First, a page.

China Communist Party expels safety chief after Tianjin blasts

BEIJING - The former head of China's work safety authority has been ousted from the ruling Communist Party for corruption, its anti-graft watchdog said Friday, after giant explosions in Tianjin that killed at least 165.

Yang Dongliang, 61, was removed as director of the State Administration of Work Safety two weeks after a series of detonations at a dangerous chemicals storage facility rocked the northern port in August.

Before taking up his national post Yang worked in Tianjin for 18 years and rose to be one of its vice mayors.

He was stripped of his party membership and transferred to judicial authorities -- normally a precursor to prosecution and trial, with conviction virtually guaranteed in the country's party-supervised courts -- the Central Commission for Discipline Inspection (CCDI) said in a statement Friday.

As a senior cadre of the party, Yang "lost his ideals and conviction", said the statement.

An investigation found Yang, among other things, violated regulations to land jobs and promotions for his son, took advantage of his power to embezzle public properties and assets, and sought business gains for companies in exchange for bribes, the statement said.

His actions were "vicious in nature and the circumstances were particularly serious", it said, using phrases that often portend severe punishment in China's legal system.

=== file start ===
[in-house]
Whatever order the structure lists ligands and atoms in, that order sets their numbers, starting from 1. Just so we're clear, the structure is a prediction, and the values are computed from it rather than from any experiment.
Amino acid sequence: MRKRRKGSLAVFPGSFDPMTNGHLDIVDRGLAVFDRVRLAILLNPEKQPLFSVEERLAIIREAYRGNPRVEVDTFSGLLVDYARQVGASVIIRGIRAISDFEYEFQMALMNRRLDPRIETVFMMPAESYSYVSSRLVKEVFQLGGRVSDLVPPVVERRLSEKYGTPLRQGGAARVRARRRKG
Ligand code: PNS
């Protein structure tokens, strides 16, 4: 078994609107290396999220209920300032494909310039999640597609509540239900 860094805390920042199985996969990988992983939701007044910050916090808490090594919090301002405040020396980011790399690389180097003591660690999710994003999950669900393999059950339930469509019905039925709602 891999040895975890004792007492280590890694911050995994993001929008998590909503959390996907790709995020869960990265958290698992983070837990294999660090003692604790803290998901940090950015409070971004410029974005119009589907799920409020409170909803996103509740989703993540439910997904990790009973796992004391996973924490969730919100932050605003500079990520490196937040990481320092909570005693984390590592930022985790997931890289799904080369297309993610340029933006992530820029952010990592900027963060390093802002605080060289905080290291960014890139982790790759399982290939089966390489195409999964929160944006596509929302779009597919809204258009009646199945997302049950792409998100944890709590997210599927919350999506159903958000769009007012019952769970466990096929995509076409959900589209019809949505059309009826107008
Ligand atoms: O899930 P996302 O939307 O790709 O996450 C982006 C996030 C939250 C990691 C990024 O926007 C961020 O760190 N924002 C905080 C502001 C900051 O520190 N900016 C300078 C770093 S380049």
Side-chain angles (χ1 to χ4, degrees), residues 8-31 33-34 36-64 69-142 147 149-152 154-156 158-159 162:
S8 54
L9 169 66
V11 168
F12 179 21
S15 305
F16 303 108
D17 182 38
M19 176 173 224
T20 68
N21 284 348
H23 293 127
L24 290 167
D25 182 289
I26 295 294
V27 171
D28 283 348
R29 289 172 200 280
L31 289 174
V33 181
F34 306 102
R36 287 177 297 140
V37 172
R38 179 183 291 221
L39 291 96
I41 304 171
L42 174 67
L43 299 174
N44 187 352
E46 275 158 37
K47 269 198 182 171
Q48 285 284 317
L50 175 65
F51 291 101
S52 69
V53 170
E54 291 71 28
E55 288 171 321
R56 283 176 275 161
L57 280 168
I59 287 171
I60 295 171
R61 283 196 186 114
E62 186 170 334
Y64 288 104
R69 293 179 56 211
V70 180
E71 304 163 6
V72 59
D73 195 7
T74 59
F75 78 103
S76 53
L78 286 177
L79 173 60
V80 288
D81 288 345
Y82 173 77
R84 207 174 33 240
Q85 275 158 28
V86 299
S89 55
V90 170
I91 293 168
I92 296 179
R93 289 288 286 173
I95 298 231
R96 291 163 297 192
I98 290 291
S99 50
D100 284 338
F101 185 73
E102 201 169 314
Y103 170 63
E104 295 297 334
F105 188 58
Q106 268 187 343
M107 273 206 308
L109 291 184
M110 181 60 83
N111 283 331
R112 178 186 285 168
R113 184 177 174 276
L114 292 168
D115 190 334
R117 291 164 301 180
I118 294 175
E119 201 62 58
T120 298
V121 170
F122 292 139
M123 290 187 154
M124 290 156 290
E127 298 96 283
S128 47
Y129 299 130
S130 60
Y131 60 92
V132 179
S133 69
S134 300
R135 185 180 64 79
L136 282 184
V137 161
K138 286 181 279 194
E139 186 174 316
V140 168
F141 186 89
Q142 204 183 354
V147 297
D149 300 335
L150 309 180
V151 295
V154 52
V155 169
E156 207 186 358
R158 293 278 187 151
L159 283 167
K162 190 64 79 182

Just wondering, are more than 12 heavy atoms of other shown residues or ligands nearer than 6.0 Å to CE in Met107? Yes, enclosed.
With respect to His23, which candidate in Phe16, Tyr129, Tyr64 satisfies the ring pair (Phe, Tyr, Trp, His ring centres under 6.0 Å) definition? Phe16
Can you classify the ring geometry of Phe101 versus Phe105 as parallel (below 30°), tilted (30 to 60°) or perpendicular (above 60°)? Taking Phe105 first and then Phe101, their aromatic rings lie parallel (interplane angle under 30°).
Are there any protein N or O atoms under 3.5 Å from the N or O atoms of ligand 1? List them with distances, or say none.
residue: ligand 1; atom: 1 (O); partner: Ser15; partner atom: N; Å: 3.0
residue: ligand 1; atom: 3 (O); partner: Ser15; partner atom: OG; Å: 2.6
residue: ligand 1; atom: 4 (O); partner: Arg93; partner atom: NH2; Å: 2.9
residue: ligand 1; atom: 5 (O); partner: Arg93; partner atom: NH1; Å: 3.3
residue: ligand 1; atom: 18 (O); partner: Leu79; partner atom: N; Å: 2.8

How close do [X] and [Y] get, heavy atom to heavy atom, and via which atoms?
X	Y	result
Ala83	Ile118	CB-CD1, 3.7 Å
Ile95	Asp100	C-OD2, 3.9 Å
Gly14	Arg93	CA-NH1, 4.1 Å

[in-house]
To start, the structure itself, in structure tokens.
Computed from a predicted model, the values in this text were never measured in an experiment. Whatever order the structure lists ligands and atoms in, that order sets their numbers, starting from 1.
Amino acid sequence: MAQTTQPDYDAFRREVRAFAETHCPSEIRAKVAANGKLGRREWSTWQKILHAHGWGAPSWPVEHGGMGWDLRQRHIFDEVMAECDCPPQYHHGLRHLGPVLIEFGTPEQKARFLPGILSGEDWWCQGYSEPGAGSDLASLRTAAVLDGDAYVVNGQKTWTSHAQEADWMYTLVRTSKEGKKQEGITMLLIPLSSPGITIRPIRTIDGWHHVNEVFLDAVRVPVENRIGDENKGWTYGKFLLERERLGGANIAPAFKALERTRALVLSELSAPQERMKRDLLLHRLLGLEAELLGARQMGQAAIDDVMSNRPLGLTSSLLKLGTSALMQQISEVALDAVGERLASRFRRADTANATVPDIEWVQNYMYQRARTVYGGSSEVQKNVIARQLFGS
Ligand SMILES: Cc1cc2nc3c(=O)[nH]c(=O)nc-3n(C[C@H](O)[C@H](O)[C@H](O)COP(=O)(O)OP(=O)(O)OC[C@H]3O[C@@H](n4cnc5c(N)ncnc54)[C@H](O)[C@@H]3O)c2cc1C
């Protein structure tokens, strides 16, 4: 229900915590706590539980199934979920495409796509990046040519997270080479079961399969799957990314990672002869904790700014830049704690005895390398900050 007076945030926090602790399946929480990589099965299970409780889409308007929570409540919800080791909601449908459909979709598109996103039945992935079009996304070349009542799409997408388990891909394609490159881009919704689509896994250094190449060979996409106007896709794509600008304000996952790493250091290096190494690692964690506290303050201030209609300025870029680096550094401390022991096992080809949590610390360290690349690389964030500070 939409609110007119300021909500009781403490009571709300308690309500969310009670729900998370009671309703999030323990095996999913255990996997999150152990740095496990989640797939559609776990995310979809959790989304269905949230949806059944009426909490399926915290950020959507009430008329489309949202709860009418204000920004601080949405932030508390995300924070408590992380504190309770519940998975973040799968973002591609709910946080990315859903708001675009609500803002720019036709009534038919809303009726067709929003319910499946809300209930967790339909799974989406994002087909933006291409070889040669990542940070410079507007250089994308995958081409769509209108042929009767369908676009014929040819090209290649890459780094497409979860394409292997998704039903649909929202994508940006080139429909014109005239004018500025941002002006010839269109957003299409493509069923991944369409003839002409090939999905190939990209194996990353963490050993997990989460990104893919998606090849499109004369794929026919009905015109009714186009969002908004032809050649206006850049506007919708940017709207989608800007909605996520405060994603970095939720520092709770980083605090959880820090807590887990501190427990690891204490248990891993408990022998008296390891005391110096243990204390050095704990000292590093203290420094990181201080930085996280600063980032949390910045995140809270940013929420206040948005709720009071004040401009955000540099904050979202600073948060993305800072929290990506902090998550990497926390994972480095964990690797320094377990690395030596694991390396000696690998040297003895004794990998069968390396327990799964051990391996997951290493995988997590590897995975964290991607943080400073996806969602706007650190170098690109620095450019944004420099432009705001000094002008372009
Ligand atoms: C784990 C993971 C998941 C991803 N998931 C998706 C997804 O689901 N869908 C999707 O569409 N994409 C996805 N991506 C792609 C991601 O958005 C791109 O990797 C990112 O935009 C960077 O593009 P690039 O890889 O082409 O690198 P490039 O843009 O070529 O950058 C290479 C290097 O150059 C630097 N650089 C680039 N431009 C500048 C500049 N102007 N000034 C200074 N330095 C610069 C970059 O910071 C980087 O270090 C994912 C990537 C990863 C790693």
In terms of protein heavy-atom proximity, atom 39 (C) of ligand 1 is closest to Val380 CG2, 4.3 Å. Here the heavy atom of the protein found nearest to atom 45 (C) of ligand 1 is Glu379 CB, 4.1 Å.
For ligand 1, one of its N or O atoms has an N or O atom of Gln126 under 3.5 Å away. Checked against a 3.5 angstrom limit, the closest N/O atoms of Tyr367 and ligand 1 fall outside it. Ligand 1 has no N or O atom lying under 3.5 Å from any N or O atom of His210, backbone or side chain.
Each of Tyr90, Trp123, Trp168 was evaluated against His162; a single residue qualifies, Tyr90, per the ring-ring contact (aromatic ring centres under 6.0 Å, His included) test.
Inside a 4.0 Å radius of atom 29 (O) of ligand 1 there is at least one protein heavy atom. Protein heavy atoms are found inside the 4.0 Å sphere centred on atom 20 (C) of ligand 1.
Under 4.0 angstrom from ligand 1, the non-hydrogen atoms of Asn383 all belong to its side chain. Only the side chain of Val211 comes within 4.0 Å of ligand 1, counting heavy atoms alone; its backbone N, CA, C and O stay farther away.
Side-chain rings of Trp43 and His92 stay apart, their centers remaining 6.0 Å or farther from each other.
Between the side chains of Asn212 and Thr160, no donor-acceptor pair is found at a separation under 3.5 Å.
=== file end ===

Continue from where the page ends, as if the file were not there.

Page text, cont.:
The CCDI in the same statement also announced the expulsion of Zhou Benshun, previously the most senior official in Hebei province, which neighbours Beijing, and a close ally of jailed ex-security chief Zhou Yongkang.

Accusations against Zhou Benshun included illegally keeping confidential documents and leaking party and state secrets, making comments that ran afoul of top party leaders' stances on "major issues", and taking bribes, it said.

His case has also been handed over to judicial authorities, it added.

Six other acolytes of Zhou Yongkang went through court proceedings this week, with four of them sentenced to between 12 and 20 years in jail and verdicts pending on the other two.

Chinese President Xi Jinping has pursued a highly publicised anti-graft drive since taking office, vowing to go after both senior "tigers" and low-level "flies".

Zhou Yongkang, who was imprisoned for life in June after a secret trial, was the highest ranking ex-official prosecuted by Beijing in decades.

But some critics liken the campaign to a political purge and say the Communist Party has failed to introduce systemic reforms to prevent graft, such as public disclosure of assets.